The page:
This past weekend, as Tim Bounds spoke about joy, he referred frequently to Galatians chapter 5. In that chapter, it says, “For freedom Christ has set us free; stand firm therefore, and do not submit again to a yoke of slavery.” (Gal 5:1 ESV)
Jews at the time were very familiar with this term yoke. Now, if you need to stop here and Google what one looks like, go ahead. Seriously. I promise this will still be here when you get back . It’s important because it gives us a picture of what that Galatians passage is all about.
God uses the word yoke as He speaks to Israel all throughout the Old Testament. He uses it particularly as He’s bringing them out of slavery or out from the oppression of foreign rulers. Here are just a few of the places in the Hebrew Scriptures where He speaks to His people with this term: Leviticus 26:13, Isaiah 14:25 Jeremiah 2:20, Jeremiah 5:5, Jeremiah 30:8, and Ezekiel 34:27.
And Jesus begins to speak with the same kind of language in Matthew 11:28-30:
“Come to me, all who labor and are heavy laden, and I will give you rest. Take my yoke upon you, and learn from me, for I am gentle and lowly in heart, and you will find rest for you souls. For my yoke is easy, and my burden is light.”
Wait, wait, wait, you might say. It sounds like Jesus wants us to trade up one type of yoke for another…? Why would he do that? Because when we surrender ourselves, take up his cause, and live the way he says we should, we get to spend our days being and doing exactly what we were designed for. And that is how God lets us experience the joy and true freedom of Christ. This is what Scot McKnight refers to as a polemical dimension to freedom: “(This) freedom is something that Christians know about, that Christians enjoy, (and) that Christians experience.”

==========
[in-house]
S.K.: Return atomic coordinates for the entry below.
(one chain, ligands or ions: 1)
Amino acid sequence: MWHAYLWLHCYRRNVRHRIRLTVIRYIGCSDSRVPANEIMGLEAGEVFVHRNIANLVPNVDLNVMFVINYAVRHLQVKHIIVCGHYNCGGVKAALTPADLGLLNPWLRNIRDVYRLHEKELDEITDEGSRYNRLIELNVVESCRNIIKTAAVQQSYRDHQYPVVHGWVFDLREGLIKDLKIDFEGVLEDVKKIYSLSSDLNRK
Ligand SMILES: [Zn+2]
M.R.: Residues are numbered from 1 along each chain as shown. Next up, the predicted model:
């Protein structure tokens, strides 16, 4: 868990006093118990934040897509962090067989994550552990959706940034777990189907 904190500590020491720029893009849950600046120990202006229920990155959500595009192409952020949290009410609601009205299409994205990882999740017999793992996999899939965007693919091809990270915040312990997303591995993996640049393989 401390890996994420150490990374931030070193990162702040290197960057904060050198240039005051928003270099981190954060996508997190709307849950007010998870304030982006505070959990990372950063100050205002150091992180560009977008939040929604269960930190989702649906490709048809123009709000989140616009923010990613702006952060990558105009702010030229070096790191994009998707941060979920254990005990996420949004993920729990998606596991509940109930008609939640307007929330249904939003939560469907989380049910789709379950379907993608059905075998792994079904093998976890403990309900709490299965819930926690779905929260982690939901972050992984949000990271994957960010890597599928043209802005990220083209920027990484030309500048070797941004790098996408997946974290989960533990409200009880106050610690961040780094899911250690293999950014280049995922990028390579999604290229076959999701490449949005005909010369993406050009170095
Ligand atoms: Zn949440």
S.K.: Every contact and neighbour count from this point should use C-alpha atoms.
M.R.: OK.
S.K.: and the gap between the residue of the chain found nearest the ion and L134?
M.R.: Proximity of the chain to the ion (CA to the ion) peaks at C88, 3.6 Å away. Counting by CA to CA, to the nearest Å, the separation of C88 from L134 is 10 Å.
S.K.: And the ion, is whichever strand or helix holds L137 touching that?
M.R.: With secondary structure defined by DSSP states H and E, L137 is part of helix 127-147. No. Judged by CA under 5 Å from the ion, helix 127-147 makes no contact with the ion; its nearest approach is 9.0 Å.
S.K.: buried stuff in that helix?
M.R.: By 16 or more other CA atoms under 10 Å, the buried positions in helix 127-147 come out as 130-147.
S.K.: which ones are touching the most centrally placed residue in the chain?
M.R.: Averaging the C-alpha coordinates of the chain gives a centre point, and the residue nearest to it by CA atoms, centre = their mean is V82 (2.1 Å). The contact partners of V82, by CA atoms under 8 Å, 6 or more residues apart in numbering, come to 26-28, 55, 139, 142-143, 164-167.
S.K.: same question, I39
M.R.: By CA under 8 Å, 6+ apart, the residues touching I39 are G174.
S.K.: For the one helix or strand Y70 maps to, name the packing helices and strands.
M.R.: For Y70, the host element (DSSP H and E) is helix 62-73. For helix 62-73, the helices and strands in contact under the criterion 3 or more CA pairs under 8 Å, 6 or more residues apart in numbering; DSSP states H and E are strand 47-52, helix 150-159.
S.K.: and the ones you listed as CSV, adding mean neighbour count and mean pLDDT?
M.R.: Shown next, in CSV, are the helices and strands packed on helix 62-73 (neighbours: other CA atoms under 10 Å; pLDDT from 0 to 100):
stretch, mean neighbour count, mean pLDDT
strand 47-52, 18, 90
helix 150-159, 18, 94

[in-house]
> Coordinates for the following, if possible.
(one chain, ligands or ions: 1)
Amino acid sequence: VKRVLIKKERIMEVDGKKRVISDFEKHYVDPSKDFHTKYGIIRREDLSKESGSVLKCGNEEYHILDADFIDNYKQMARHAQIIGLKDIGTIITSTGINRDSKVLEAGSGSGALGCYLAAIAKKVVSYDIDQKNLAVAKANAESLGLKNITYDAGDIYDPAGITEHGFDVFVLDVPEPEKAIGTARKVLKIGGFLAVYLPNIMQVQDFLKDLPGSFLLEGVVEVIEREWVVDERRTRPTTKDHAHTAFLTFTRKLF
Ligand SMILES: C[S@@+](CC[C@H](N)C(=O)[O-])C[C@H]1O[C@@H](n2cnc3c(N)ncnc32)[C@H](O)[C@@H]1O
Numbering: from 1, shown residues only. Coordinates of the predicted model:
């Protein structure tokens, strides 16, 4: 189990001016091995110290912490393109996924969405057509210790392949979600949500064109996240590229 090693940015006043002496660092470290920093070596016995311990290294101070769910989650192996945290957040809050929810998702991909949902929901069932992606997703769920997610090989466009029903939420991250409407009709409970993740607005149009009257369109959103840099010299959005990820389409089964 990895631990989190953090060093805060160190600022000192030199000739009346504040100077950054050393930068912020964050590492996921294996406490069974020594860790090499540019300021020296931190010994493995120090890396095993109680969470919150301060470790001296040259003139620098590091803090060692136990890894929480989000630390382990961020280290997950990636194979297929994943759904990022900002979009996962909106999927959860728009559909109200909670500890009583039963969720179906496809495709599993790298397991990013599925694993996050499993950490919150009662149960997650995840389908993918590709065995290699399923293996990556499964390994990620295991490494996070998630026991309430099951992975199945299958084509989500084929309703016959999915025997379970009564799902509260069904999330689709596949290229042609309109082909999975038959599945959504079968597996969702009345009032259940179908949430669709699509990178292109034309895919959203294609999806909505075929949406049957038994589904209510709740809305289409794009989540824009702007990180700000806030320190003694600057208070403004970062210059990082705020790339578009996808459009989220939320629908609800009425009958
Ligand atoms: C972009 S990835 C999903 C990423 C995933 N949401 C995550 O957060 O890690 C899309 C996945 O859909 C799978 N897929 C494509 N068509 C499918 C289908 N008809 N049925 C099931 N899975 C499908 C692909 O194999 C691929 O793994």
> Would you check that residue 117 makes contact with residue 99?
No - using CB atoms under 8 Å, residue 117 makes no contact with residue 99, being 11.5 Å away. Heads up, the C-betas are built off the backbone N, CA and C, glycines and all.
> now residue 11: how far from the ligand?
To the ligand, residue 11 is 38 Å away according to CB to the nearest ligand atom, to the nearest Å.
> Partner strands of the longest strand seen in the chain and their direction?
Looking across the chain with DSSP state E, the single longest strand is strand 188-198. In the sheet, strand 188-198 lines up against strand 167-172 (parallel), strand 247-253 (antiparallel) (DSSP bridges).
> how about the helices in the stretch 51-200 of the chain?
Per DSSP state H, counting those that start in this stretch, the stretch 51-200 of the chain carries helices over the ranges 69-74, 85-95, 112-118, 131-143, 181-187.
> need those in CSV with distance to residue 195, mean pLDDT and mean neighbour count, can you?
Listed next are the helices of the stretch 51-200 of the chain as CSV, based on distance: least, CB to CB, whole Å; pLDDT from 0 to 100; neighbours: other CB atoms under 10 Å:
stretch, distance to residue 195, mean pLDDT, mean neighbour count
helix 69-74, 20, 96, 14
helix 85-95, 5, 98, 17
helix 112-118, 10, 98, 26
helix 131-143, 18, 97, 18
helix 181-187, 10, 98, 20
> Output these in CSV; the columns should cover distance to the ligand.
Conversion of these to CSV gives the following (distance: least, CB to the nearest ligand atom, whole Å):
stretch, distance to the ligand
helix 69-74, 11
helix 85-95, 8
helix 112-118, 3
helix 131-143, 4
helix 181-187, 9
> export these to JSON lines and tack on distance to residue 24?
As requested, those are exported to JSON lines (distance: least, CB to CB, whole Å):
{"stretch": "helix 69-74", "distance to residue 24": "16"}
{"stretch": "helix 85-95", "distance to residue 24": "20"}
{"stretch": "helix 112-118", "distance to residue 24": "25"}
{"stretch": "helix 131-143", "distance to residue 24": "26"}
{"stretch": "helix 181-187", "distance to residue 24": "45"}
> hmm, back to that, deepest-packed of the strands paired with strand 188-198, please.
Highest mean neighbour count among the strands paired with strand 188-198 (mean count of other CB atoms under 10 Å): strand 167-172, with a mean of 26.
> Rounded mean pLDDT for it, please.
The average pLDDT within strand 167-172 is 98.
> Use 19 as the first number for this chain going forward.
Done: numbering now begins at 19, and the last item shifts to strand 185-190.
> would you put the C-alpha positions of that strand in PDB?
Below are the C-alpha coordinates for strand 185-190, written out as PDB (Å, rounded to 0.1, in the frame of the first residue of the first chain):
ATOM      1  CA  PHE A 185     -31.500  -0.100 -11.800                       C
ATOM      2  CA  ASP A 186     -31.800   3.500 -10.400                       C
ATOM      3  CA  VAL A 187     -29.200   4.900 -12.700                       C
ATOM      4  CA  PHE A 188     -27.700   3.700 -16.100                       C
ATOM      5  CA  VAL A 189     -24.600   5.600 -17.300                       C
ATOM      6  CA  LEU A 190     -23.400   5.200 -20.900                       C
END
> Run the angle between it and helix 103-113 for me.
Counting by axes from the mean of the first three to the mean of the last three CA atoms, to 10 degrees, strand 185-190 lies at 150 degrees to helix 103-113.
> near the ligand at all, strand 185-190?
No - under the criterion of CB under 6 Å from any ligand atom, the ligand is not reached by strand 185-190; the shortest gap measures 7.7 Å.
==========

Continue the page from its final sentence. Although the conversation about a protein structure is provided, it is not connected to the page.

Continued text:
And just to be fair, let’s call out part of what Jesus is referring to when he talks about the “burden” of His yoke.
To look at part of what this burden entails, I borrowed a list from 2 Peter 1. Peter tells us to add to our faith virtue, knowledge, self-control, steadfastness, godliness, brotherly affection, and love. These are things that are added to our character when we live in step with “His divine power” as 2 Peter 1:3 suggests. In other words, they come from putting his yoke upon us. And this catalog of attributes sounds a whole lot like the fruit of the spirit that we will be talking about this summer. So let’s just lump all of them on there too, and not to mention godly relationships and marriages, along with God’s mission and calling on our lives and all the other promises God has made to us in Scripture. And to be honest, the more I look at these items, the less these things feel like weights or burdens and the more they feel like things that I want in on. And the extraordinary thing is, I think that’s the point. God is freeing.
But none of this is feasible all by our lonesome. Which brings us back to Jesus and what he tells us about his yoke in Matthew 11. The word for yoke that Jesus uses is zugo/ß(zugos). This type of yoke is one that is coupled or paired. We aren’t going though this alone. We get to be paired up with the Holy Spirit. And I can think of no greater joy than to be paired up with God Himself.
Kidz Coordinator–Mid Rivers